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Free film screenings, Freddy Krueger’s second coming, Juliette Binoche and more film events happening this week

Posted at 2:30 pm, March 17, 2014 in Arts & Entertainment

Each week, we round up the most exciting film events happening in London over the coming week, from pop-ups and one-offs to regular film clubs, outdoor screenings and festivals. Here’s this week’s top five…

BFI Flare: Queer Eye for the Dead Guy + ‘A Nightmare on Elm St 2: Freddy’s Revenge’

BFI Flare is the new name for the annual London Lesbian and Gay Film Festival, screening new features and documentaries plus a hearty helping of gay classics. This year there’s a particular focus on ‘queer fear’ – horror movies with a gay subtext, including ‘Fright Night’, ‘The Lost Boys’ and the most notorious of all ass-whipping horror sequels, the hilarious ‘A Nightmare on Elm St 2’. First up, festival programmer and horror expert Michael Blyth will present a history of LGBT scares in ‘Queer Eye for the Dead Guy’, before a screening of the ultra-camp Freddy flick. All together now: ‘something is trying to get inside my body!’. BFI Southbank, Belvedere Rd, SE1 8XT. 8.40pm. Fri Mar 21 – £9 – £11.50.

Camberwell Free Film Festival: ‘Repo Man’ + ‘The Warriors’

Camberwell’s little Cool Cats Café adds a slice of tasty Americana to its menu this Friday with a warmly welcome, freebie double featuring maverick Brit Alex Cox’s deliciously quirky 1984 feature debut, ‘Repo Man’, and Walter Hill’s evergreen urban Western, ‘The Warriors’. Snap your molars down on a juicy rib-eye steak while you absorb the offbeat brilliance of Cox’s punk rock sci-fi comedy, gawp at the phantasmagoric weirdness of Hill’s iconic gangland spectacle, and then hop on the bus and head back to cold, hard reality. Cool Cats Café, 149 Southampton Way, SE5 7EW. 8pm. Fri Mar 21 – FREE.

Three Colours Trilogy

The Riverside invites you to almost five hours of pure narrative class, courtesy of the late and extraordinarily great Polish auteur Krzysztof Kieslowski. The director’s masterful triptych of 1993 and 1994 begins with ‘Blue’, a lucid examination of a woman’s state of mind starring Juliette Binoche as a widowed wife and mother who attempts to leave the past behind. In the second film’ ‘White’, we witness the despair and desire for revenge felt by a Polish hairdresser when his French wife divorces him. And in the conclusive film, ‘Red’, the director whisks us to Geneva for what is surely one of the most stunningly beautiful, powerfully scored and immaculately performed films of the past 20 years. Riverside Studios, Crisp Rd, W6 9RL. £15, or £7.50 per film. 3.40pm. Sun Mar 23.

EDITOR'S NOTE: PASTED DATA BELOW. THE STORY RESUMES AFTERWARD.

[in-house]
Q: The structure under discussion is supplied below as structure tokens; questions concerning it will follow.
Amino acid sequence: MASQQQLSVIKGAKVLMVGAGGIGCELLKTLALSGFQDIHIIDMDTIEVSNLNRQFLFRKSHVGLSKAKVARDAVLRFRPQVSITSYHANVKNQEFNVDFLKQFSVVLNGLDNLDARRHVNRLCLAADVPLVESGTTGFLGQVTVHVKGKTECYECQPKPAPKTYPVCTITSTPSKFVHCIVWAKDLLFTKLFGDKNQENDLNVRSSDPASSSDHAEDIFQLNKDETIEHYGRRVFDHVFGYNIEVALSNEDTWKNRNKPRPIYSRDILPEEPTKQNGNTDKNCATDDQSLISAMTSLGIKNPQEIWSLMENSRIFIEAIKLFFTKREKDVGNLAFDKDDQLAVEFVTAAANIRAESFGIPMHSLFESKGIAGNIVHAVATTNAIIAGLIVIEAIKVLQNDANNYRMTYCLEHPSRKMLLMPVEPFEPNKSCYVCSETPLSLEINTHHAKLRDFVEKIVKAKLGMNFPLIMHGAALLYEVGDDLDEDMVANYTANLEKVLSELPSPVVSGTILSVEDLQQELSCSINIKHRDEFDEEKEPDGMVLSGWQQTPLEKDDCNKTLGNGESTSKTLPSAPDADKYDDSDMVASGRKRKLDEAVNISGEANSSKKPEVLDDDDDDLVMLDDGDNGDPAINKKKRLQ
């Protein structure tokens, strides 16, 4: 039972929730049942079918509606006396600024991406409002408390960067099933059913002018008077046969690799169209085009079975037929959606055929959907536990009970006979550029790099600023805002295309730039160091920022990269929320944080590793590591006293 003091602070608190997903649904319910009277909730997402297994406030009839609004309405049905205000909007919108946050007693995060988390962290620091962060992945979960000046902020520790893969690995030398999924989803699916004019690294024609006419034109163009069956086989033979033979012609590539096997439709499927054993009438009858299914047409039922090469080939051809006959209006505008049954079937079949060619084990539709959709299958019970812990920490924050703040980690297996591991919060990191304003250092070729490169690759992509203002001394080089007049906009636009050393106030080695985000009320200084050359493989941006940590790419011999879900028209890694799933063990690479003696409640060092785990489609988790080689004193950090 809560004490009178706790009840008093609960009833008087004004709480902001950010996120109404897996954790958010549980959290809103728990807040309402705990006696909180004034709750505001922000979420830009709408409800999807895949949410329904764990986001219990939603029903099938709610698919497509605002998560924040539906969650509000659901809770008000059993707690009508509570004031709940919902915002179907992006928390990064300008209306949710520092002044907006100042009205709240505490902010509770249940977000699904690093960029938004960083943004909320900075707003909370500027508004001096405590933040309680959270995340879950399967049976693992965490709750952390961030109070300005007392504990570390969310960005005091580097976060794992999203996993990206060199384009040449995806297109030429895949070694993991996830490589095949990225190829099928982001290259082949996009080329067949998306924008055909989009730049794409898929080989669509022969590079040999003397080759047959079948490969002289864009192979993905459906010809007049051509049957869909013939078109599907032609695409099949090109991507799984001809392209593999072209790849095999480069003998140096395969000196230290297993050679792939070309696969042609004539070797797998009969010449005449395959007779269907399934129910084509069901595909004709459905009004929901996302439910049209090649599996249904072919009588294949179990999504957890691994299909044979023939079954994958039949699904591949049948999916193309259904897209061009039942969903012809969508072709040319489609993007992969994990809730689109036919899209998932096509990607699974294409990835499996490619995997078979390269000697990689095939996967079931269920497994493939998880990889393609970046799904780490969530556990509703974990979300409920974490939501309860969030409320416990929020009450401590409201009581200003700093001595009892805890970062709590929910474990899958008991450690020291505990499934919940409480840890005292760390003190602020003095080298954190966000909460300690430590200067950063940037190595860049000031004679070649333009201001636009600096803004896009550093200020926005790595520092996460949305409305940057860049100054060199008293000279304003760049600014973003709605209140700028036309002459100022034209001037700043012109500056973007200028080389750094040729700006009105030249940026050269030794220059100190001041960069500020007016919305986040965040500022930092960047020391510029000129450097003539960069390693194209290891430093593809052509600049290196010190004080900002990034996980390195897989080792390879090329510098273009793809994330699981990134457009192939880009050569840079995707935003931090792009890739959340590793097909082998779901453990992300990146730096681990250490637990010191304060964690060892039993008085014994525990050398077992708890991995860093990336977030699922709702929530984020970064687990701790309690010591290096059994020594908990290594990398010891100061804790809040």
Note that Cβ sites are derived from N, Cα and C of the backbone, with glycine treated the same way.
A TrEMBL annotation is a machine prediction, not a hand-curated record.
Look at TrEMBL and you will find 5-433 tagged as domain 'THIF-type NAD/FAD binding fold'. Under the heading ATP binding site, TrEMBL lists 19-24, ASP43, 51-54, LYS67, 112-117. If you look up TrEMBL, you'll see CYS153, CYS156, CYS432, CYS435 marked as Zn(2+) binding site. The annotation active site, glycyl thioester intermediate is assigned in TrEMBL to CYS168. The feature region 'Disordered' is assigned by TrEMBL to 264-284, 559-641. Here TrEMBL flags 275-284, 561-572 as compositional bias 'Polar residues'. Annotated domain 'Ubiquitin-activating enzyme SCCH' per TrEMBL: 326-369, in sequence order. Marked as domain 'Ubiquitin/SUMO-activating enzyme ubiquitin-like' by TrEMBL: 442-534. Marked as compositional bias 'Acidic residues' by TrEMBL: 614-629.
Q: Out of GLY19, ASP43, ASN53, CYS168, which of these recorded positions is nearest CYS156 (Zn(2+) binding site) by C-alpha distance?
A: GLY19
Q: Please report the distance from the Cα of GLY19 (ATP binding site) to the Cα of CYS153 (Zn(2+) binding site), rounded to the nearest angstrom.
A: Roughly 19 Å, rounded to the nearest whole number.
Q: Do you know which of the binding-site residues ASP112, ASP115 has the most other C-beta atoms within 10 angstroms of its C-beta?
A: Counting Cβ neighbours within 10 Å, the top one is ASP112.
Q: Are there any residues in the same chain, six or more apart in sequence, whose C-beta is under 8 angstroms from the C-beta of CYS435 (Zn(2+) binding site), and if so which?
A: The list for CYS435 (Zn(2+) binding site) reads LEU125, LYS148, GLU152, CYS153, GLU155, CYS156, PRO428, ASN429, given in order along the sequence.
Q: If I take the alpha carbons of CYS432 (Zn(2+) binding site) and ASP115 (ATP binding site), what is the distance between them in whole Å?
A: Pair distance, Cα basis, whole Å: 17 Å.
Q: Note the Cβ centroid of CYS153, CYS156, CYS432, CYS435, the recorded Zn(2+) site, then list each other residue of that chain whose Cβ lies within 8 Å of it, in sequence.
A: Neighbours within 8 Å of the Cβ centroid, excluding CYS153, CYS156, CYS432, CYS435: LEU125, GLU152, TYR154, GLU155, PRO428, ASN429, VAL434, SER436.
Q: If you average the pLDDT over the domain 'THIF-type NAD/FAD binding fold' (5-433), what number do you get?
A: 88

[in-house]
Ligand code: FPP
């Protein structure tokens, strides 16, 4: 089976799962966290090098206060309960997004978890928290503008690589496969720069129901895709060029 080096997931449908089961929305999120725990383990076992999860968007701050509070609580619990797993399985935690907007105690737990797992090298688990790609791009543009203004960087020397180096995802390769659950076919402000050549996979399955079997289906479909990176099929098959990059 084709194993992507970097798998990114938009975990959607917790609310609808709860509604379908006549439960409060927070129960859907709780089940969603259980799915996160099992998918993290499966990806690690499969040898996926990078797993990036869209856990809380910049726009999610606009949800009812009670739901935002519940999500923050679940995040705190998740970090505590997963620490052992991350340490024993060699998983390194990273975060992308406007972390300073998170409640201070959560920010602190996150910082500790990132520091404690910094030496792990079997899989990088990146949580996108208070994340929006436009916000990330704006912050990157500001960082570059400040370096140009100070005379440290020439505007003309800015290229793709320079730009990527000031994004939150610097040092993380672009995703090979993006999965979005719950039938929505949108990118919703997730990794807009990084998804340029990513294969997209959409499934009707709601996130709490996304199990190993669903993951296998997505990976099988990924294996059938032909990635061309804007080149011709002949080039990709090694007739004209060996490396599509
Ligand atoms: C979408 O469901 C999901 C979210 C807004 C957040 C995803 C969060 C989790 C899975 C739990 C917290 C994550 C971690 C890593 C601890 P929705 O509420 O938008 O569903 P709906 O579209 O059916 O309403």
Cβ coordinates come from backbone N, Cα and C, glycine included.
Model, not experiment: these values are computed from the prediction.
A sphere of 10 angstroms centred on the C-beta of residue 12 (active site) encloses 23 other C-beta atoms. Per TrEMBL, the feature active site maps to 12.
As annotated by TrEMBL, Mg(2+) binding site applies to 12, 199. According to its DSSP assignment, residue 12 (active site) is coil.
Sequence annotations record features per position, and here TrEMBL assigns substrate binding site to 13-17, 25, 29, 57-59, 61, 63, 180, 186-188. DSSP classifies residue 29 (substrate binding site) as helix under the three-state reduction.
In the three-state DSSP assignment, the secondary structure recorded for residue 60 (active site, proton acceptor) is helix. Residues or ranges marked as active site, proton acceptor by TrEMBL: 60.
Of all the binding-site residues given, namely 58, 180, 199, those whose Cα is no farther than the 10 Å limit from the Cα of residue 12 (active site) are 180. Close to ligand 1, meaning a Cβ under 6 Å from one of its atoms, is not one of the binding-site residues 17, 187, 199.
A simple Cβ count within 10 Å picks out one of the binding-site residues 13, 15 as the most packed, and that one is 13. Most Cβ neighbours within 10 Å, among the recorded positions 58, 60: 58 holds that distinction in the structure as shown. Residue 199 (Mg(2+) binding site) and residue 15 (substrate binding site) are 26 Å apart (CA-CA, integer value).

The Round-Up

In remembrance of Hungarian director Miklós Jancsó, who passed away in January, the ICA is holding a special one-off event commemorating the director’s highly regarded political masterpiece of 1966. Set during the years that followed the collapse of the 1848 revolution against Hapsburg rule, ‘The Round-Up’ is a brutal cat-and-mouse drama that focuses on the dehumanising incarceration of a group of prisoners accused by the Austrian authorities of being rebellious insurgents. Not surprisingly, ‘The Round-Up’ is widely considered one of the best films ever to come out of Hungary. Catch it while you can. ICA, Nash House, The Mall, SW1Y 5AH. £10, £8 concs. 5.30pm. Sun Mar 23.

The Thief of Baghdad

Six directors – including Michael Powell and the Korda brothers – were responsible for this delightful hocus-pocus of colour and dashing adventure. Think of it as a special effects-ridden epic for grown-up kids, a la ‘Star Wars’ and ‘The Arabian Nights’. Made in Britain during the Blitz, ‘The Thief of Bagdad’ is both magical and classically entertaining, and features several memorable highlights, most notably Rex Ingram as a Genie in a bottle and Sabu as the elephant boy thief who accompanies the cast-out Prince Ahmad on a spellbinding fantasy-filled quest. Stratford East Picturehouse, Salway Rd, E15 1BX. £6.50. 6.30pm. Wed Mar 19.

For the full list, go to Time Out’s film events page.

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